When you are watching a variable in any of the windows, it can be one of multiple data-types. However, due to the way that GameMaker Studio 2 stores certain things, the Debugger does not always know exactly what the variable holds. This is because the internal ID values for data structures or instances are integers and so the Debugger doesn't always know if the integer value being stored in a variable is for a data structure or an instance or is simply an integer value. For that reason, you can right click on any variable value and get a pop-up window that lists the available data-types that this variable could be.
Strings and arrays do not permit this option, and it is worth noting that even if a data structure is stored in an instance variable, its ID number is global, so if you have four instances and each one creates a ds_list (for example), each list will have an ID from 0 to 3, and they won't all be 0.
Once you have selected your data-type, the variable will then show the entries in the structure simply by clicking the small next to its name. This will expand the structures contents, and, in the case of the "Watches" window, permit you to modify them too.
A breakpoint is a place in your project code that you wish it to stop at so you can see what's going on. With the Debugger running, you can add or remove breakpoints at any time and in any code or script block by left clicking in the gutter (where the line numbers are), or you can use the right mouse button to open the Context Menu, which also permits you to add or remove breakpoints:
Breakpoints can also be set from the GameMaker Studio 2 IDE. When writing your project, they can be added or removed at any time using f9 (or using the right mouse button and selecting "toggle breakpoint"), either on an action in the object window, or on a line in a code editor window. Now, when you run your game in debug mode it will pause at the point (or points) that you have defined. Breakpoints set from the IDE are saved along with your project and will persist over various runs until removed again, however if you add a breakpoint to your code in the Debugger, this will be lost after the module is closed, or a new test run started. Note that all breakpoints will appear in the Output Window where they can be enabled or disabled or even removed.
The Debugger permits you to step through your code and find any issues with the code base, but sometimes you need to check for subtler details in order to properly optimise your games. The Profile option helps to do just that by giving you a performance overview, showing the time takes to call functions, scripts, and even how long it took a specific event to complete.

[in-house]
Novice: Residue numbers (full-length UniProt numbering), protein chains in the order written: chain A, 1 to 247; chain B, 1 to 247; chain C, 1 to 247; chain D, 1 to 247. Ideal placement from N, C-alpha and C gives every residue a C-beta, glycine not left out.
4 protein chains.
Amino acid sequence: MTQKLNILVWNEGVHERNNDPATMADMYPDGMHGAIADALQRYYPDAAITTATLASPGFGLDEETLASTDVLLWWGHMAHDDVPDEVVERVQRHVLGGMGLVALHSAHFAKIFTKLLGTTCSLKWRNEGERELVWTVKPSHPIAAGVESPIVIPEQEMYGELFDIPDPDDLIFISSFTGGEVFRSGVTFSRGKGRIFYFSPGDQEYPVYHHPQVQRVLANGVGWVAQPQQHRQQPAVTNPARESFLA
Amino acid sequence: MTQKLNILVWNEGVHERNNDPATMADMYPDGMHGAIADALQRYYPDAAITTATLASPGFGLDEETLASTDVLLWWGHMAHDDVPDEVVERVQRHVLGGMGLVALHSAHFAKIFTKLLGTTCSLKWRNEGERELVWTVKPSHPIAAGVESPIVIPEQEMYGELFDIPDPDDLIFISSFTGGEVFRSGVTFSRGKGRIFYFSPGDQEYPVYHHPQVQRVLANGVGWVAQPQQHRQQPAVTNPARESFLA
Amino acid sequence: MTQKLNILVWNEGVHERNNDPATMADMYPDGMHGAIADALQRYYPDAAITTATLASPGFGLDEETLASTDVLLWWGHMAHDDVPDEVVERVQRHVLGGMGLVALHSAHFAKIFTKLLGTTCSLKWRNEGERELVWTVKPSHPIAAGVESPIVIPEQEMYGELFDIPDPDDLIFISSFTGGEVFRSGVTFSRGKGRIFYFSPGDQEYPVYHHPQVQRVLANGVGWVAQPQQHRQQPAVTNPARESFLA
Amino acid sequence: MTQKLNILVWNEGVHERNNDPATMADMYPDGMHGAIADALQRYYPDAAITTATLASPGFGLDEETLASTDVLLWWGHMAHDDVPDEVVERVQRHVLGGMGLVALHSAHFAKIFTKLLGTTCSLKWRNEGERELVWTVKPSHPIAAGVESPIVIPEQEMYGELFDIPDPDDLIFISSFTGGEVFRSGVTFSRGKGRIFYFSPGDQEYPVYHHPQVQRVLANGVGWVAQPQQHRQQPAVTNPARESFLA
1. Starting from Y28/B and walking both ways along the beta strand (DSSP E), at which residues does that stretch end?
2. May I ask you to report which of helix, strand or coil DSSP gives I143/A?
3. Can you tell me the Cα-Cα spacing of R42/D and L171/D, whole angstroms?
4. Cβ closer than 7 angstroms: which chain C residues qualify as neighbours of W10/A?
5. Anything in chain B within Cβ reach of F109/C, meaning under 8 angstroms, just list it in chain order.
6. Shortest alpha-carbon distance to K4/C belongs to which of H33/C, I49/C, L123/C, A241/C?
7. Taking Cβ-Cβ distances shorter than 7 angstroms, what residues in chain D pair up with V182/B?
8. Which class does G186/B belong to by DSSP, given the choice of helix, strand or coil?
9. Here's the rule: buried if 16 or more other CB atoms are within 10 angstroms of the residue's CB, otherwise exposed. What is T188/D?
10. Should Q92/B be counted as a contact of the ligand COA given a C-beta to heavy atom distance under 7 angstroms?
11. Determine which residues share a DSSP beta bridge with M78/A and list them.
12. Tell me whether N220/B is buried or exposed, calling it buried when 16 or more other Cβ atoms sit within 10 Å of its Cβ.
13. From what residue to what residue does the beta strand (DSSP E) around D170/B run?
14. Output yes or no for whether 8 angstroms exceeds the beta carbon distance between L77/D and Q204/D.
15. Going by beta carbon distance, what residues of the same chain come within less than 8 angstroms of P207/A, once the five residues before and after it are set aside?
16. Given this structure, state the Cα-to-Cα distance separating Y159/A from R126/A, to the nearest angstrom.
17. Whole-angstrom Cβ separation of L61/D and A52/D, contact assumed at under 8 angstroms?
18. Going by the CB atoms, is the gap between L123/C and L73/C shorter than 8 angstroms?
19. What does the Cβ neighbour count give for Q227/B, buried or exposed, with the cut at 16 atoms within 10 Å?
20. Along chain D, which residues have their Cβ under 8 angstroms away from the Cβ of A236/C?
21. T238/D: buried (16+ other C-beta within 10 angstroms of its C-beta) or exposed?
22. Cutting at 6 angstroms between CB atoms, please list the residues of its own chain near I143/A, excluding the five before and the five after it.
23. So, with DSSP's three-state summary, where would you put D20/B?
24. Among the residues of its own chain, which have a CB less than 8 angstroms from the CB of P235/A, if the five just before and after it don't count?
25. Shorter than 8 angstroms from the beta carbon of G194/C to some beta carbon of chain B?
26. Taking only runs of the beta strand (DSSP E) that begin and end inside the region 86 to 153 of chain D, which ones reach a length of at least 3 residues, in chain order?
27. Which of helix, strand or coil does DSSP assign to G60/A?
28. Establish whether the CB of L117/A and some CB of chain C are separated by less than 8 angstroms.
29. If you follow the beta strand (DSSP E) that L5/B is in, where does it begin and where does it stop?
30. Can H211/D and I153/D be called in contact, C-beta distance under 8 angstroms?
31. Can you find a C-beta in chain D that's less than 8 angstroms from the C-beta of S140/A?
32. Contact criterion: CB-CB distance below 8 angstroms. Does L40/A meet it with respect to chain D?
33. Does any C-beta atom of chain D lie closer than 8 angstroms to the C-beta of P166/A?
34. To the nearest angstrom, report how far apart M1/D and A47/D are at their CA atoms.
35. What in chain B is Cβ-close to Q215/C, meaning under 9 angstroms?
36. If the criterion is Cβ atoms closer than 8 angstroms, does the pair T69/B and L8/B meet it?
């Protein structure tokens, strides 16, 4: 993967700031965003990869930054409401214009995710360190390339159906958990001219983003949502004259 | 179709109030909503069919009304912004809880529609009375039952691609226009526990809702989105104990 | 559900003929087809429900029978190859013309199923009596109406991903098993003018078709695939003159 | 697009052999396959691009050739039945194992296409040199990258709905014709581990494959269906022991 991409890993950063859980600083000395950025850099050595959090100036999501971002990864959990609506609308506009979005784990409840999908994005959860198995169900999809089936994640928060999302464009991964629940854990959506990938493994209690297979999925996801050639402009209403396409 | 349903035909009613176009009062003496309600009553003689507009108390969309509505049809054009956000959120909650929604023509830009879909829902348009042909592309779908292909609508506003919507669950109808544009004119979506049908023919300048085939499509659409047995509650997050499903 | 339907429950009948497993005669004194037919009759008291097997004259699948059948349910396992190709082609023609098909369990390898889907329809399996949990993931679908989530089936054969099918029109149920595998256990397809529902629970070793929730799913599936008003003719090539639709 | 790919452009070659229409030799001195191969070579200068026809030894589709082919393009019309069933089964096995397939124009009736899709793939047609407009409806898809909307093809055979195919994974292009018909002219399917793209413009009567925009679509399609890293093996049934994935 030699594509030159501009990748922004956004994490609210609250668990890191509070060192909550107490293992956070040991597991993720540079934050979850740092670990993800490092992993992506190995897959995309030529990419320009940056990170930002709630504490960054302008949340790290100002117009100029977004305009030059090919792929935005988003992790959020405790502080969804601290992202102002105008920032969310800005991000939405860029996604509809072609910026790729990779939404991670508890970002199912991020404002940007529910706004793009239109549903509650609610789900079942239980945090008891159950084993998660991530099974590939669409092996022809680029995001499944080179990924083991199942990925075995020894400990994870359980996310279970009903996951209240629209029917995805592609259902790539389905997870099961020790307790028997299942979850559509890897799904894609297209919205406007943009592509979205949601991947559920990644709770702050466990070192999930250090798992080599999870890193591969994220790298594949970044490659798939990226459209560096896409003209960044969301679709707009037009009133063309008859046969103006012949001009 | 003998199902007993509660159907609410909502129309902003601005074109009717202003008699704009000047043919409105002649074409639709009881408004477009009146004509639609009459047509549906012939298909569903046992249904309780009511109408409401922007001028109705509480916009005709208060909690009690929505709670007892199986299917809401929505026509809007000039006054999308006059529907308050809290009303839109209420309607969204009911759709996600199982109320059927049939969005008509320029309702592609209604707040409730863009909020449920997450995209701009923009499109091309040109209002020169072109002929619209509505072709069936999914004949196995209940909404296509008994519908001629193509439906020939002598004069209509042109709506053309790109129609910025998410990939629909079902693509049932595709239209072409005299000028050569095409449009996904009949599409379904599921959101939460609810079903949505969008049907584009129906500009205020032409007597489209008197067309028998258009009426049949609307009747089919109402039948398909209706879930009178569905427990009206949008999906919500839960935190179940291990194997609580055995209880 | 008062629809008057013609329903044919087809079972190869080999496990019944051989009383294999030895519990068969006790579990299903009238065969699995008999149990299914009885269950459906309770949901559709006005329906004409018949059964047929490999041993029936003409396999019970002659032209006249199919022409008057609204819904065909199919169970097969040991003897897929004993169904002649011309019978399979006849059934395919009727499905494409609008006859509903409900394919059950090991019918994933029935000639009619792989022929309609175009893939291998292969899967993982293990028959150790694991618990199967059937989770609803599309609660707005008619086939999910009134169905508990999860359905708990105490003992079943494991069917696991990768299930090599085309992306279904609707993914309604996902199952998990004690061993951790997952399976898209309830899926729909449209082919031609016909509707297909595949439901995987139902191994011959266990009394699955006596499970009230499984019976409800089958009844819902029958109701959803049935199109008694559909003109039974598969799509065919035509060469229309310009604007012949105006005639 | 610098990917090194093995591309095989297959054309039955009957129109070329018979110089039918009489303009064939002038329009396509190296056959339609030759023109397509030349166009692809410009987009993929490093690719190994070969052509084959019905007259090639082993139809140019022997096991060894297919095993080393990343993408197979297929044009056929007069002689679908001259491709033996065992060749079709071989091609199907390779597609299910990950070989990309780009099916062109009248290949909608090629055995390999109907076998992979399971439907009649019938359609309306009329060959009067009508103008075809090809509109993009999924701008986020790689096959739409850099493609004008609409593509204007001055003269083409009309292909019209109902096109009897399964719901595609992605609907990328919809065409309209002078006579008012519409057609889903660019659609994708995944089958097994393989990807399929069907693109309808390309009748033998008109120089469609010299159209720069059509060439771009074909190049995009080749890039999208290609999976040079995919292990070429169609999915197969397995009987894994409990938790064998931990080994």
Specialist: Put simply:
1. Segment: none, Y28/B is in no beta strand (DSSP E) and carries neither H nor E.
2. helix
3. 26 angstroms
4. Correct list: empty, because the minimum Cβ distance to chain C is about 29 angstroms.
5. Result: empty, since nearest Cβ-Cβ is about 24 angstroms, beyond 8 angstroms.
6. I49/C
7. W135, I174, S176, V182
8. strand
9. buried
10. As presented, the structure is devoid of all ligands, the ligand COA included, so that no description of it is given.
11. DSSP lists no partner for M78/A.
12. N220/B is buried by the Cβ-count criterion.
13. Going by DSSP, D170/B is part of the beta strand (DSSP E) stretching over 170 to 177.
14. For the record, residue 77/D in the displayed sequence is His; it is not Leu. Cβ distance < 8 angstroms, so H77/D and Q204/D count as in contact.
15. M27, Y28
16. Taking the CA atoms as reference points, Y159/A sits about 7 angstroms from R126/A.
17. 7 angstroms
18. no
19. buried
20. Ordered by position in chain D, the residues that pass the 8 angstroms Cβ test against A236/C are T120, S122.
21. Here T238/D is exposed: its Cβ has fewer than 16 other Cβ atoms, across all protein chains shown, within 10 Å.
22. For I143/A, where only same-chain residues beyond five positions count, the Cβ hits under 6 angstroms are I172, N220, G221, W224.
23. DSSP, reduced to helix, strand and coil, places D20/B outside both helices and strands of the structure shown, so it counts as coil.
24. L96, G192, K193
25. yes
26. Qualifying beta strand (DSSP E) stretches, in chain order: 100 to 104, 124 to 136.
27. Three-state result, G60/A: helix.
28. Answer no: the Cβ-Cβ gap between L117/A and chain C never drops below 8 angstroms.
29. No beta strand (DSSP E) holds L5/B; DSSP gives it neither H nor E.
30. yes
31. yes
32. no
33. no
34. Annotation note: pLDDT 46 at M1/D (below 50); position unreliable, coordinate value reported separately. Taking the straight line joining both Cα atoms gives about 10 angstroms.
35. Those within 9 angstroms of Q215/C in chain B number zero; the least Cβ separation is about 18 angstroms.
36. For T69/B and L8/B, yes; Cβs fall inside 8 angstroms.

Apart from the main window showing all the different events, scripts and functions being called, you also have the following options for using the Profiler:
This is the button to enable or disable the Profiler. When enabled, the profiler will start and you will start to see events, scripts and functions be listed in the main window along with different data values for each of them. How this data is displayed will depend on the Time Display and the View Mode (both explained further down this page).
This checkbox permits you to switch between the average time and the absolute time for the profiler. When it is not checked, the values shown in the main window will be the total number of calls made to the function, script or event and the total time taken (times are in microseconds) over the course of the profile. However if you enable this then these columns show the average time taken per step for each function, script or event, and the average number of times that it was called.
This menu lets you choose the view mode, which can be either Top Down or Bottom Up.
Selecting the Top Down view mode will show the profile from the top down (more or less the same as the callstack hierarchy) so it will show the event, then the script and then any functions used. Note that you can double click on any of the entries to have it open in the Source debug window if you have one. If you see a icon beside a name then there are further script or function calls within that section, and clicking the will expand the tree to show them.
Selecting the Bottom Up view mode will show things from the bottom up so you can see all the functions and script calls individually. When using this view mode, clicking on the will expand the function or script to show what actually called it.
The View Target permits you to choose between viewing the project GML (event and code data), the background engine processes or both. If you choose "GML", then you will get the events, functions and scripts being called each step while the "Engine" view will only show the engine calls required by the project, enabling you to see any bottlenecks in the way that your project is handling things. If you select "Both", then both sets of data will be displayed, but note that when combined with the "Bottom Up" view, the different script and function calls will be nested within the engine calls and you will need to click the to expand these out to see them.
The profile data is shown in four columns, and clicking on any of them will sort the data according to the column criteria.
You can export the profile data at any time by right clicking on the window and selecting the Export to file option. This will write the current view (after expanding all the nodes) in .csv format, which you can then load into any spreadsheet, like Excel for example.